The characters in Babyteeth are weird because they themselves are going through a weird and unprecedented time. How is one expected to behave when death comes to the door significantly earlier than expected? Their absurd actions represent the absurdity of life and Murphy captures this flawlessly by establishing a strong voyeuristic effect. While this family faces the most challenging time of their lives and acts in unconventional ways, the camera is placed close yet distant, allowing the audience to creep on these strangers at their most vulnerable. Instead of being disturbed by their behavior, you are left to empathize and love. The cherry on top of this effect is when Milla breaks convention and looks at the camera when something taboo happens to let us know she knows we’re watching, and it is beautiful.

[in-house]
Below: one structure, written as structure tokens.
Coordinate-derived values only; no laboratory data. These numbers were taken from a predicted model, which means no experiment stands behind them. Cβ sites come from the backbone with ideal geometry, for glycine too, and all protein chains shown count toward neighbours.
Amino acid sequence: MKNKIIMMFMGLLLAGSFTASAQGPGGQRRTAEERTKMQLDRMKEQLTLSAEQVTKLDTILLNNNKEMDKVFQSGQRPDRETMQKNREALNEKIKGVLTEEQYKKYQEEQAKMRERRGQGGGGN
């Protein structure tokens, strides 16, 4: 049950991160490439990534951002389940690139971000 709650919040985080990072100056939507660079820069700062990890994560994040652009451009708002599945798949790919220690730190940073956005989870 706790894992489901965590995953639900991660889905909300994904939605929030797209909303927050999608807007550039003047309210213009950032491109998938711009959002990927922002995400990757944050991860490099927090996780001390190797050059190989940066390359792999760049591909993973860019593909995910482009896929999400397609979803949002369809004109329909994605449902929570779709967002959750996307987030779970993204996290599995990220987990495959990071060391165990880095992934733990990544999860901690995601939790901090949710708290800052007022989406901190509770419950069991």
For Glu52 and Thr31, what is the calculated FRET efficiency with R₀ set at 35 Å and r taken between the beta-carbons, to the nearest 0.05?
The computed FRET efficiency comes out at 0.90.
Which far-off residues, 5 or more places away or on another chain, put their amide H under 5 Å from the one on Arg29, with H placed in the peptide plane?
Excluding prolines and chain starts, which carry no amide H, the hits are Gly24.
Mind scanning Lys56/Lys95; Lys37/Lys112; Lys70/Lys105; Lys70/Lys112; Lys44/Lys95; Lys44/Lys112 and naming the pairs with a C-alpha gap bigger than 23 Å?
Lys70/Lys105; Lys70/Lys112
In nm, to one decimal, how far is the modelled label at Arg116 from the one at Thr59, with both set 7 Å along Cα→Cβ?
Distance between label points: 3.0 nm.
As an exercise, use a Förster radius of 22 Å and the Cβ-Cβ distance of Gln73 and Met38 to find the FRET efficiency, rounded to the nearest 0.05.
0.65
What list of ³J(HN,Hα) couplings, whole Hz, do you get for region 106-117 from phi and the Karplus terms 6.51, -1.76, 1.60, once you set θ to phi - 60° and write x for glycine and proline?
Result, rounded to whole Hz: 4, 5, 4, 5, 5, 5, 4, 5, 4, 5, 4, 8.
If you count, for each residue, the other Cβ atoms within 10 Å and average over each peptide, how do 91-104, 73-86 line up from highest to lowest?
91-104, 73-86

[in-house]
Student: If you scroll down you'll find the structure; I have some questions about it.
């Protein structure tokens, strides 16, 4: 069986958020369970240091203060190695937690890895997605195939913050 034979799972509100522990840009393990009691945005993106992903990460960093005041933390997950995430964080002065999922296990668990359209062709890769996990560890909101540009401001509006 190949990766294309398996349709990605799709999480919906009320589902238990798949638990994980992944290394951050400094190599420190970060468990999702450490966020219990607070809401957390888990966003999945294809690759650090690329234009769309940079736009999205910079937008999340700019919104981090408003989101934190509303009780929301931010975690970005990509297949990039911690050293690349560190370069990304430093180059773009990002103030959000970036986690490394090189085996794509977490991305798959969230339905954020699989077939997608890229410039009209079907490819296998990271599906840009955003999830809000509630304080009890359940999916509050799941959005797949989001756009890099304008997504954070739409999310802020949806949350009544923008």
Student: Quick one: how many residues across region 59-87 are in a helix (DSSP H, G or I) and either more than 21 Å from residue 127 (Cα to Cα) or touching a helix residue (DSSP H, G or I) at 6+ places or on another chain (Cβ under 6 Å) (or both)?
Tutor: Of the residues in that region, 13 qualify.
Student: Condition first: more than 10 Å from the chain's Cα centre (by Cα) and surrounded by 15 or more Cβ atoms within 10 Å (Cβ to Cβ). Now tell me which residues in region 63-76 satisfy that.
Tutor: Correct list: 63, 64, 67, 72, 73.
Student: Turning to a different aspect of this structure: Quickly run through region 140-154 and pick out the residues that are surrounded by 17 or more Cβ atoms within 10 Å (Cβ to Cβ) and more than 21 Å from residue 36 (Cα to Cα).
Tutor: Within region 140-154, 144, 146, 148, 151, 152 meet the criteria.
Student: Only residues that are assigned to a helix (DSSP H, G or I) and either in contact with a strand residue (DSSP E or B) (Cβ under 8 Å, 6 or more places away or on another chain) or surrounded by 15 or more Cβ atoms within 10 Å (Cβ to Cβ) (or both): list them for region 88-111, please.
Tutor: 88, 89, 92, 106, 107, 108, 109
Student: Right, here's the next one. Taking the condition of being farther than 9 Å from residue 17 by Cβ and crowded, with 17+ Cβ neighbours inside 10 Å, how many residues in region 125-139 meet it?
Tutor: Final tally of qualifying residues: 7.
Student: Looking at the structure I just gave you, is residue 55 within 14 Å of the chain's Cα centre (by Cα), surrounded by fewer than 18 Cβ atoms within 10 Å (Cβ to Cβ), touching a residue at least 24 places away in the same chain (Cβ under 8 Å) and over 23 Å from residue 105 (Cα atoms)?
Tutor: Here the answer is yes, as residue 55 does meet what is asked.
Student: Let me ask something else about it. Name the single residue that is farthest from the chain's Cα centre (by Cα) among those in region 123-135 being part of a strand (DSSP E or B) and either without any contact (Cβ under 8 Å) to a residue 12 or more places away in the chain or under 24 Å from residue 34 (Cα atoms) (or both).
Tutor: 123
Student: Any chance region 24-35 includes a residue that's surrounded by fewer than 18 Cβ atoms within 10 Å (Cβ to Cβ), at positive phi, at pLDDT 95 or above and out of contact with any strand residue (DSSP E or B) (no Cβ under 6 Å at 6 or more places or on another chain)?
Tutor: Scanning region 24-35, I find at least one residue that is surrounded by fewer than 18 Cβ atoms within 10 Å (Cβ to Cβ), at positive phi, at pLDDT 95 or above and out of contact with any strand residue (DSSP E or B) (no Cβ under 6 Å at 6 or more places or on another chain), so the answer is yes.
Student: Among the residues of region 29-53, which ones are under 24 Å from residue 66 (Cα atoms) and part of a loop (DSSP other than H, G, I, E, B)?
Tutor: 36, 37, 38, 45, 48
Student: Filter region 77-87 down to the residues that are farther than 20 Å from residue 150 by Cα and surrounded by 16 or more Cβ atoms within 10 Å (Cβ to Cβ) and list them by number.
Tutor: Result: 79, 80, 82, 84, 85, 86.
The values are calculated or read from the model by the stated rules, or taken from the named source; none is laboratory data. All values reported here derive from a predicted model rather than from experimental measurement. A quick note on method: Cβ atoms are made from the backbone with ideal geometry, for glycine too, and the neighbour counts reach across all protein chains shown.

Babyteeth is about intimacy and innocence. Two ideas that seem like opposites, but are explored into the film as being of the same relationship. The film starts with two scenes of intimacy, Milla and Moses meeting, the young, and Henry and Anna having passionless sex, the old. There is immediate chemistry between both couples, but the spark is different. The young is based on excitement, while the old is rooted in comfort. Murphy ties this in cleverly with the metaphor for innocence in the form of a baby tooth. Milla still has a baby tooth in the back of her mouth. In the scene where Moses meets Milla’s parents for the first time and discovers Milla’s tooth, he tries to take it away from her, abruptly stopped by Anna. Without spoiling, the theme of the tooth and the journey it goes through showcases the brilliance of Kalnejais script and Murphy’s direction.